# Inverse function and Integral: How to simplify this DSolve output?

I'm trying to DSolve these equations with each other:

q1[t_] := 3 (y'[t]/y[t])^2 - (1/(y[t]^3)) - (1/(y[t]^4)) - 1

q2[t_] := -2 y''[t]/y[t] - (y'[t]/y[t])^2 - (1/(3 y[t]^4)) + 1

q3[t_] := -3 (y''[t]/y[t] + (y'[t]/y[t])^2) + 1


When solving the first with the second by:

DSolve[{q1[t] == q2[t]}, y, t]


I get an output in the form:

While when solving the second with the third

DSolve[{q2[t] == q3[t]}, y, t]


I get:

Any idea how to interpret or simplify these outputs to be for example like:

I tried many initial conditions- they are so arbitrary for y[t] or y'[t]- but always have in terms of Integral or InverseFunction .

• Perhaps the solution of these ODEs just can't be expressed without InverseFunction or Integrate? Do you have any reason to believe the solution can be transformed to something free of them? – xzczd Sep 8 at 3:25

With DSolve you get y[t] as an InverseFunction , diffucult to understand. Invert this function again with Solve to get t[y] in simple form you can plot with ParametricPlot .

f = q2[t] - q3[t] // Together // Numerator

dsol1 = DSolve[f == 0, y, t,
GeneratedParameters -> (ToExpression[
StringJoin["c", ToString[#]]] &)]

(*   {{y -> Function[{t},
InverseFunction[-(1/2) Sqrt[
3] (-3 c1 Log[#1 + Sqrt[3 c1 + #1^2]] + #1 Sqrt[
3 c1 + #1^2]) &][c2 + t]]}, {y ->
Function[{t},
InverseFunction[
1/2 Sqrt[
3] (-3 c1 Log[#1 + Sqrt[3 c1 + #1^2]] + #1 Sqrt[
3 c1 + #1^2]) &][c2 + t]]}}   *)

t1[ys_, c1_, c2_] = t /. First@Solve[(y[t] /. dsol1[[1]]) == ys, t]

(*   -c2 - 1/2 Sqrt[3] (ys Sqrt[3 c1 + ys^2] - 3 c1 Log[ys + Sqrt[3 c1 + ys^2]])   *)

t2[ys_, c1_, c2_] = t /. First@Solve[(y[t] /. dsol1[[2]]) == ys, t]

(*   -c2 + 1/2 Sqrt[3] (ys Sqrt[3 c1 + ys^2] - 3 c1 Log[ys + Sqrt[3 c1 + ys^2]])   *)

Manipulate[
ParametricPlot[{{t1[ys, c1, c2], ys}, {t2[ys, c1, c2],
ys}}, {ys, -10, 10}, AspectRatio -> 1,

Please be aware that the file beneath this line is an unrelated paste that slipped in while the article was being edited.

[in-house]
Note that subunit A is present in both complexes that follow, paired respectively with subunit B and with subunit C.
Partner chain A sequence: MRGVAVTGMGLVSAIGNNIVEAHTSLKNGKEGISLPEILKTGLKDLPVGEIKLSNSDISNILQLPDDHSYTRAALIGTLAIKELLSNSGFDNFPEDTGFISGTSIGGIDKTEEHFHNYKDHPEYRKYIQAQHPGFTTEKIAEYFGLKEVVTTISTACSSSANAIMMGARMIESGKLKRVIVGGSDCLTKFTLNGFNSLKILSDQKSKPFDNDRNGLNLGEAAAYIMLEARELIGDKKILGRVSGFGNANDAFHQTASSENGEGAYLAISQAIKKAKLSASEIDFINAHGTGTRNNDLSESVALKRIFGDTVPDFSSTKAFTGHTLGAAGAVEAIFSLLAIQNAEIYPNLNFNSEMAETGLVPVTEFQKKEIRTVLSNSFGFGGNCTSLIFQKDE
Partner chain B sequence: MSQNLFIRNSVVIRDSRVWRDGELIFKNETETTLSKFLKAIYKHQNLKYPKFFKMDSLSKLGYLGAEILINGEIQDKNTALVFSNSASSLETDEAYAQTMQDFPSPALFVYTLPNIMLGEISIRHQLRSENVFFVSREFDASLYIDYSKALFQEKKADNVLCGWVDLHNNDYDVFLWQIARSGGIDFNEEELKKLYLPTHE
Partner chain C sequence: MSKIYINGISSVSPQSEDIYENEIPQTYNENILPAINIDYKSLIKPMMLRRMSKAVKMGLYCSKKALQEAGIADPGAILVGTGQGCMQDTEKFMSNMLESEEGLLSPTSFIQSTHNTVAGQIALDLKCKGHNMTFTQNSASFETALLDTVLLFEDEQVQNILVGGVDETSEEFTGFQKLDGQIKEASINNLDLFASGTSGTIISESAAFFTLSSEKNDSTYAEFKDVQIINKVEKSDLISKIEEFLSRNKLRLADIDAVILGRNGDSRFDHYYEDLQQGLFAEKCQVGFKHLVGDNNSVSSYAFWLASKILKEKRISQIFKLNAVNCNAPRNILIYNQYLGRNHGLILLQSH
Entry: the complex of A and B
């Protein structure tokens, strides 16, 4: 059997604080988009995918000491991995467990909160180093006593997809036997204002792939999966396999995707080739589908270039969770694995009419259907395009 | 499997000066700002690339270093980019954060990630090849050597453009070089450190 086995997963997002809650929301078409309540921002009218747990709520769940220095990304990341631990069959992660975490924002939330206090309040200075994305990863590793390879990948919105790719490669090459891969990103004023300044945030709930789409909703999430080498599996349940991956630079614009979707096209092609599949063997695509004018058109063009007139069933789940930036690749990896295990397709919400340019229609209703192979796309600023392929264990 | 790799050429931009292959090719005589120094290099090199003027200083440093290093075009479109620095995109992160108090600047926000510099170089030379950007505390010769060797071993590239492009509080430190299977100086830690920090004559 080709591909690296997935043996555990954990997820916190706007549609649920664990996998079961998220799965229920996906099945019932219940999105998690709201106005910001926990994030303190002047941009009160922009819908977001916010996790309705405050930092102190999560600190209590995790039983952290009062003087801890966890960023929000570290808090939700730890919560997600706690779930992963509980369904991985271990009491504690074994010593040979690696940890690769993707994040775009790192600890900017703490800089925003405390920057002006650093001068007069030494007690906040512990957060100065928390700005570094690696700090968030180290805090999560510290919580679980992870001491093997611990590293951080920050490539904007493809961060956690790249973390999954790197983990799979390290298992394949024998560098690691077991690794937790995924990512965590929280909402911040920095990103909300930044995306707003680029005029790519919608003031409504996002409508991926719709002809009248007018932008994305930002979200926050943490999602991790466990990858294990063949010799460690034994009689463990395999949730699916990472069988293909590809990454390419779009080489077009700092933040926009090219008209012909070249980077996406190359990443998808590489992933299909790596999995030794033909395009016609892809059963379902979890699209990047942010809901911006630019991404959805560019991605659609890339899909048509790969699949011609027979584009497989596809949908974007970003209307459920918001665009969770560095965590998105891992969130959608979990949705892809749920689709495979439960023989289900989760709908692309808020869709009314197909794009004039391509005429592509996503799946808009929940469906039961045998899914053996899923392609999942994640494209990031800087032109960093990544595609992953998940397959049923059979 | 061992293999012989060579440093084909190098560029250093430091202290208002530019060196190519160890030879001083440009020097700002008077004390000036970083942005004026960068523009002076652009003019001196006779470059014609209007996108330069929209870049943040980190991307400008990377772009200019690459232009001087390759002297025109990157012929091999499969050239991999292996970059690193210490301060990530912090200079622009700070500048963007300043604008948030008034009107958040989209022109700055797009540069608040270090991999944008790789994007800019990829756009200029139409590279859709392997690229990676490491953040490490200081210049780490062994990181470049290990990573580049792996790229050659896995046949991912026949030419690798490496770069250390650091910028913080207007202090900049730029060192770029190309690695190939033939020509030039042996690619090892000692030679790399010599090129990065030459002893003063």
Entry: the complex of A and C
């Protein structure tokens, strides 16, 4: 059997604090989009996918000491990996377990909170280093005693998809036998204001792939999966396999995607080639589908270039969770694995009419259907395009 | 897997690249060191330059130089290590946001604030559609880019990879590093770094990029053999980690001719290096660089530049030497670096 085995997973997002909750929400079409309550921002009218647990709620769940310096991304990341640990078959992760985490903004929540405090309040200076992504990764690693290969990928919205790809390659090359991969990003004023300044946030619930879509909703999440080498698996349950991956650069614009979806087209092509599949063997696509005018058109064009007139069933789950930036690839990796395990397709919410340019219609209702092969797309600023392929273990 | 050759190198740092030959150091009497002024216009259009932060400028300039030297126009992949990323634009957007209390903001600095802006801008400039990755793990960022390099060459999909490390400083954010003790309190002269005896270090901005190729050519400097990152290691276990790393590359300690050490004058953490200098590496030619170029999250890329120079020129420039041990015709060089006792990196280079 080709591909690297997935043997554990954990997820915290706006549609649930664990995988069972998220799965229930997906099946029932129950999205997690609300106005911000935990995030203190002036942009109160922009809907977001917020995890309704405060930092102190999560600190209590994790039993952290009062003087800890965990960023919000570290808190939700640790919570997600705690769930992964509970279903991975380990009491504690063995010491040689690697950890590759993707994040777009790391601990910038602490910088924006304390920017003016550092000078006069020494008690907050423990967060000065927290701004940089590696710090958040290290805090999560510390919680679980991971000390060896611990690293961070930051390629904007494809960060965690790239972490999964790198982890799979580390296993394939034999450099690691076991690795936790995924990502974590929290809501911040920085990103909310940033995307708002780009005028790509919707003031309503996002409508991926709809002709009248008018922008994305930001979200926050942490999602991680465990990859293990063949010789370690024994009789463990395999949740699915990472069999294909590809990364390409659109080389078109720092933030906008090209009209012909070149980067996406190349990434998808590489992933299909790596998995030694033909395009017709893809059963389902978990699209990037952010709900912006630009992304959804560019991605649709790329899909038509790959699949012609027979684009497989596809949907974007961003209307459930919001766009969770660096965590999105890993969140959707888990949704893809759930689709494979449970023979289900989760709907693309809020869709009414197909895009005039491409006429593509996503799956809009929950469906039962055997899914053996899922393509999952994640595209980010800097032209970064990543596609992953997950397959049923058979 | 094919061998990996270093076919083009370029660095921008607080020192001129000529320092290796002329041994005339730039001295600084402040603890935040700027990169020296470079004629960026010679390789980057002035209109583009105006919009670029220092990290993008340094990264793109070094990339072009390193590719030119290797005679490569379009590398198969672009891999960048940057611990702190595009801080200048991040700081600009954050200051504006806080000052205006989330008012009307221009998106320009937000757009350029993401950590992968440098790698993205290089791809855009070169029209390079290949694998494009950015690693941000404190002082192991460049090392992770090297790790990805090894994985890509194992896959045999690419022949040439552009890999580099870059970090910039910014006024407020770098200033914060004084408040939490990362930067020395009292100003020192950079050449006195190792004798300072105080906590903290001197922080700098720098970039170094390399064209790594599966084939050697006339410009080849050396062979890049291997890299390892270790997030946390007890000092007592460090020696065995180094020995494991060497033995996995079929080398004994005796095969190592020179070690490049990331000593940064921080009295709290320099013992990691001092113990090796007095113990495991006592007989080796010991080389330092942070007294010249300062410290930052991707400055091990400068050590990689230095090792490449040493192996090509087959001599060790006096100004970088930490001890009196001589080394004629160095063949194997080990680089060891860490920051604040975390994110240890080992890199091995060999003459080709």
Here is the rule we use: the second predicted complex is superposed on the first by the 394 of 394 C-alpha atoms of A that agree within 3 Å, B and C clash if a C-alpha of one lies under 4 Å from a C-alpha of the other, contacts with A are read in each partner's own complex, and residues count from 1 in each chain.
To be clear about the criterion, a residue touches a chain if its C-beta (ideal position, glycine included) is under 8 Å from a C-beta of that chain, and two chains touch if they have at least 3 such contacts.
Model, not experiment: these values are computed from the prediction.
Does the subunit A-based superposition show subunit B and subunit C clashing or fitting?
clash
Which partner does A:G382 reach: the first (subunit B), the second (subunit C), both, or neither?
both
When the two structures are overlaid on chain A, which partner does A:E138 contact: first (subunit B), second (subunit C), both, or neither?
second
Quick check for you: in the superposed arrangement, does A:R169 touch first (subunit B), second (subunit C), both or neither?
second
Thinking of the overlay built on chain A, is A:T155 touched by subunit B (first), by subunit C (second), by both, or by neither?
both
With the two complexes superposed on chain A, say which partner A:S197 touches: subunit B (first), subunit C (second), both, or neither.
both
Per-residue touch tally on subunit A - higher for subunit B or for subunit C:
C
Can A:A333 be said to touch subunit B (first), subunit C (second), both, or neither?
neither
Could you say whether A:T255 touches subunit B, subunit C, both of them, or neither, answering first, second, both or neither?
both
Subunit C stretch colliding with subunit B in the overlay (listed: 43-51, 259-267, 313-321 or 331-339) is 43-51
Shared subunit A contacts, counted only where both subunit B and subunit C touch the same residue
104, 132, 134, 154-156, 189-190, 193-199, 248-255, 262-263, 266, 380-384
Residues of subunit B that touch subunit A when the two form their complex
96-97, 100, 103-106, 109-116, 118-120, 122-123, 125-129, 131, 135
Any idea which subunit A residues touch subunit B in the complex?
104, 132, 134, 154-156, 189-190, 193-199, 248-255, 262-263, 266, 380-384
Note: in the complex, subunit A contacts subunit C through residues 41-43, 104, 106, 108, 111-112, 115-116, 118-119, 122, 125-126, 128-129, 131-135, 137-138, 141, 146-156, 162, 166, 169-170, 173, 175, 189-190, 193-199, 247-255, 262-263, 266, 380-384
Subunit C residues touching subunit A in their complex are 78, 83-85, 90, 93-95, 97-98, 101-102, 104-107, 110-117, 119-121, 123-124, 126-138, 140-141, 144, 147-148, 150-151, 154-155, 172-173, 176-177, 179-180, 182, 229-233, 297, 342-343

PlotRange -> All], {{c1, 1}, 0, 5}, {c2, -4, 4}]

FullSimplify[q2[t] - q3[t]]


(-1 + 6 y[t]^2 Derivative[1][y][t]^2 + 3 y[t]^3 (y^[Prime][Prime])[t])/(3 y[t]^4)

So the 3 y[t]^4 can be ignored for the solution.

The term

6 y[t]^2 y'[t]^2 + 3 y[t]^3 y''[t]

equals

y[t]D[y[t]^3, t, t].

Good practice is to entered the equation that are close to standards or standards.

So the homogenous equation can be solved by third root of a linear function.

The built-in InverseFunction works like this:

InverseFunction[c ArcTan][x]


InverseFunction[ArcTan c][x]

and

InverseFunction[ArcTan][x]


Tan[x]

It does chaining and works with numbers.

So the solution has to be dealt with by hand.

So the term in the InverseFunction of Your second DSolve problem does this:

Integrate[-3 ArcTanh[x/Sqrt[3 C[1] + x^2]] C[1] +
x Sqrt[3 C[1] + x^2], x]


-3 x ArcTanh[x/Sqrt[x^2 + 3 C1]] C1 + 1/3 Sqrt[x^2 + 3 C1] (x^2 + 12 C1)

The advantages of this strategy are not always visible to everybody.

The main problem in the q's are the inhomogeneities. The homogenous equation will give more closed form solutions.

Variation of Parameters Method Of Variation Of Parameters For Second Order Linear Differentia may lead to partly more closed form of solutions.

Since a lot power with ODE is stored in literature examples and equation collection these sources has to be made a requisite even for the word with the powerful Mathematica.

A look worth: equation world and many more.

This question shows, how to deal in Mathematica with InverseFunction: the-graph-of-inverse-function-f-1y. For C1==C2==1:

Plot[InverseFunction[
Inactive[Integrate][-((Sqrt[3] K[1]^2)/Sqrt[
3 1 + K[1]^2 + K[1]^3 + K[1]^6]), {K[1], 1, #1}] &][t + 1], {t,
0, 10}]